Cyber criminals are continually devising new ways to invade electronic devices and computer networks in order to steal valuable confidential information that is exploited for nefarious purposes. The never ending introduction of new malicious software (malware) threats is almost impossible for IT professionals to keep pace with, much less prevent, so it is especially difficult for the average computer operator to follow.
Security software developers are also kept busy creating new ways to detect, identify, locate and eradicate malware threats, the ever changing nature of which requires the continual creation of new software programs or updates to existing programs in order to defend against invasive cyber crimes.
Cybercrime has become so prevalent that a standard has evolved for naming various malware threats that are known as “Common Vulnerabilities and Exposures” or CVEs and there are a lot of them.
The variety and number of computer viruses and malware that IT professionals deal with on a daily basis are staggering. In addition to viruses, ransomware and thousands of other malware security threats, the latest means of illicitly gathering information is known as “exploit kits” (EKs) which are software programs designed to run on web servers that are capable of finding and exploiting vulnerabilities in any and all electronic devices that are connected to and communicate through the server. This enables cybercriminals to upload nefarious software programs and execute malicious codes in multiple vulnerable machines.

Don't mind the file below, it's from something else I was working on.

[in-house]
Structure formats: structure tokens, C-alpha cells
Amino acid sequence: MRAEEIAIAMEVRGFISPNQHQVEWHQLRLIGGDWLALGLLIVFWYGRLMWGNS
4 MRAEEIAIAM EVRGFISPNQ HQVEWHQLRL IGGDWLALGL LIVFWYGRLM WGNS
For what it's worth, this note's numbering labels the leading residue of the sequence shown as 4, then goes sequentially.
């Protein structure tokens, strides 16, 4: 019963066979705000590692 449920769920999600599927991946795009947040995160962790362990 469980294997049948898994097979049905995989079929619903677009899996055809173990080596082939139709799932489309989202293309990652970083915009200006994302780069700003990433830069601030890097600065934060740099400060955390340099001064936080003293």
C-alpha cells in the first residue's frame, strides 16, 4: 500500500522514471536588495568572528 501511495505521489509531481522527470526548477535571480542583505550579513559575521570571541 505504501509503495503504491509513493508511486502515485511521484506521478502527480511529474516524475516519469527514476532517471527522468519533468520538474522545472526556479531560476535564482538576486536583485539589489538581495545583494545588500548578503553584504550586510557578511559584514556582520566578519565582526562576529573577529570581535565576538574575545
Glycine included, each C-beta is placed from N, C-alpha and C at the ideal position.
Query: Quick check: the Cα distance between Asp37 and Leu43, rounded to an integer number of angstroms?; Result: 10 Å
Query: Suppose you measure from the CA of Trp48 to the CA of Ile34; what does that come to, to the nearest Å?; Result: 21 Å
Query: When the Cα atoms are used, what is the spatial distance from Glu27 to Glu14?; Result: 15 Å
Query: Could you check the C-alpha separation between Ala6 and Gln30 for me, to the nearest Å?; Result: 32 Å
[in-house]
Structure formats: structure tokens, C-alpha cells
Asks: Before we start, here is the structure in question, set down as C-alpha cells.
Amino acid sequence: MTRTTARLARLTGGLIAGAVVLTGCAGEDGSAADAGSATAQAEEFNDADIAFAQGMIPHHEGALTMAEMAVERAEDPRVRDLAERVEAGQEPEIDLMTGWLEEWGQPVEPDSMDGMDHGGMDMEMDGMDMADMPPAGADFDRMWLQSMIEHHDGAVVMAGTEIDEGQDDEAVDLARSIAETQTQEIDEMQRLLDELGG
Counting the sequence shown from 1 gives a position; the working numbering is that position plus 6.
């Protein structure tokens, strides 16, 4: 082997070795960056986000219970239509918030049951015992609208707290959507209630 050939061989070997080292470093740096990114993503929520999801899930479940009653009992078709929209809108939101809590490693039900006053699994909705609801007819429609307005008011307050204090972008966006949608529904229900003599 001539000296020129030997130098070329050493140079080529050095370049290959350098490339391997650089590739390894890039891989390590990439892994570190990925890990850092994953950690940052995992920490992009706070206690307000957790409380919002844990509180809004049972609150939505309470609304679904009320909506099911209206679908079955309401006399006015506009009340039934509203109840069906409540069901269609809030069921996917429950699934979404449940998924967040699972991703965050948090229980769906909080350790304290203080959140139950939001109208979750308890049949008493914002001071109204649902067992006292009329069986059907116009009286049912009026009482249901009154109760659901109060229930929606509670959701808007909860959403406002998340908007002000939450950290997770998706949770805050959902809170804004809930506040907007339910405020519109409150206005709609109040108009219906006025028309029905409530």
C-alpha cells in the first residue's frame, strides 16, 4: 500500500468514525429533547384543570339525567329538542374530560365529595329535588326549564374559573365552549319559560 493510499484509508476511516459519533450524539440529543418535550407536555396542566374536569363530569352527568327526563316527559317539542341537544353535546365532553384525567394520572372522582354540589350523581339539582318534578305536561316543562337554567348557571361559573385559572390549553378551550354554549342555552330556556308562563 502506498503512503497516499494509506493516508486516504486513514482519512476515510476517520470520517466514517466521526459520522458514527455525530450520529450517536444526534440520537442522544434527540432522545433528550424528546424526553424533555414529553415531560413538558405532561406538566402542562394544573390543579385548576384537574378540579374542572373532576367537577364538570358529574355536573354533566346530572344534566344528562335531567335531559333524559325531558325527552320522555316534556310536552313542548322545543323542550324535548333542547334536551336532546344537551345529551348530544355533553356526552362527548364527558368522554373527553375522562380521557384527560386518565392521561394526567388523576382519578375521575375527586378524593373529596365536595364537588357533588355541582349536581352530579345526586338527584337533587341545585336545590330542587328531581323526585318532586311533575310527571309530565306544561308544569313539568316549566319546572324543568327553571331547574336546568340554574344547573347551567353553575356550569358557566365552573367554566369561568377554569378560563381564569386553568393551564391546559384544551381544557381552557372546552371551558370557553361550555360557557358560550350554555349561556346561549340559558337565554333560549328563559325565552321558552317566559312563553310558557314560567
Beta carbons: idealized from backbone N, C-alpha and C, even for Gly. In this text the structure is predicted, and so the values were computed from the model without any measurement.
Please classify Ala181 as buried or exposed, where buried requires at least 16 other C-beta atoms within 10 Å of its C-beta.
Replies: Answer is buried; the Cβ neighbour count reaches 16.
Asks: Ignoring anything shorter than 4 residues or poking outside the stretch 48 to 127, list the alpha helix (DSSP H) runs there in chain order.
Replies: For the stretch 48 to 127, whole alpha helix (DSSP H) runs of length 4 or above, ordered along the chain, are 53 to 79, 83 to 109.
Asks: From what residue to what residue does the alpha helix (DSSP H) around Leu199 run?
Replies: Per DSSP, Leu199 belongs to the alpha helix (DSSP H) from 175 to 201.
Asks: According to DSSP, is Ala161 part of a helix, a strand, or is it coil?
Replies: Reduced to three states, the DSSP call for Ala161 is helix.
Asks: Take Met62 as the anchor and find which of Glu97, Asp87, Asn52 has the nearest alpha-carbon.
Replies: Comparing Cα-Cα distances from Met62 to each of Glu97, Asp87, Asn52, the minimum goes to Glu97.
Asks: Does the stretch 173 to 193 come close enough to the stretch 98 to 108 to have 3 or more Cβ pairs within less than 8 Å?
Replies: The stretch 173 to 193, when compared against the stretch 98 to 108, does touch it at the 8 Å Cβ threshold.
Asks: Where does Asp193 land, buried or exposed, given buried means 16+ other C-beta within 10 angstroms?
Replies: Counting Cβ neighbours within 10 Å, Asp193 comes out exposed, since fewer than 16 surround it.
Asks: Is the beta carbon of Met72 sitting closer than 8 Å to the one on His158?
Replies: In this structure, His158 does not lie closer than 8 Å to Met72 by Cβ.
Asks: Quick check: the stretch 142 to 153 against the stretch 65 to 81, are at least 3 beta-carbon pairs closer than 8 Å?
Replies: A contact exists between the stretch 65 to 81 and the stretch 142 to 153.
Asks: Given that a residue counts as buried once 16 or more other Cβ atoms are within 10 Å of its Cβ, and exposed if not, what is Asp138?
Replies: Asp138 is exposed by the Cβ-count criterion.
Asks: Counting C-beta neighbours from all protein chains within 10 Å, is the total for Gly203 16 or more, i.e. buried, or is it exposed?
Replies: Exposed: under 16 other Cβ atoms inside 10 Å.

It has never been more important to use security software and to install manufacturer updates as soon as they become available. In addition, precautionary measures should include backing up files, removing unused programs, avoiding random clicking, only opening attachments from reputable sources and updating all frequently used programs all of which are essential elements to protecting electronic devices from cyber invasions.
Focusing on just one type of cybercrime, the following is a list of the top 10 EKs that Intel has identified as the most prevalent during the first few months of 2017, each of which includes multiple CVEs in the particular class of Exploit Kit:
1 – Neutrino Exploit Kit
Neutrino EK and its predecessor Neutrino-v surged in popularity in the middle of 2016 and are known for infecting compromised sites and malvertising with various malware applications. The creators and distributors of this kit are known as Operation Afraidgate and Operation ShadowGate and there are over 30 CVEs dating back to 2013 that have been identified as current potential threats in this category of Exploit Kits.
2 – RIG Exploit Kit
Created and distributed by Operation Deep Panda, Operation DragonFly, Operation Pitty Tiger and Operation Afraidgate, the latest VIP version of RIG EK is called RIG-v and uses new URL patterns. RIG is spread through advertisements that have been inserted into websites which are legitimate and unknowingly feature those suspicious ads. This EK has been around since 2012 and the nearly 50 updated versions that have been introduced since then keep RIG at the top of the list of biggest cyber threats.
3 – Empire Pack Exploit Kit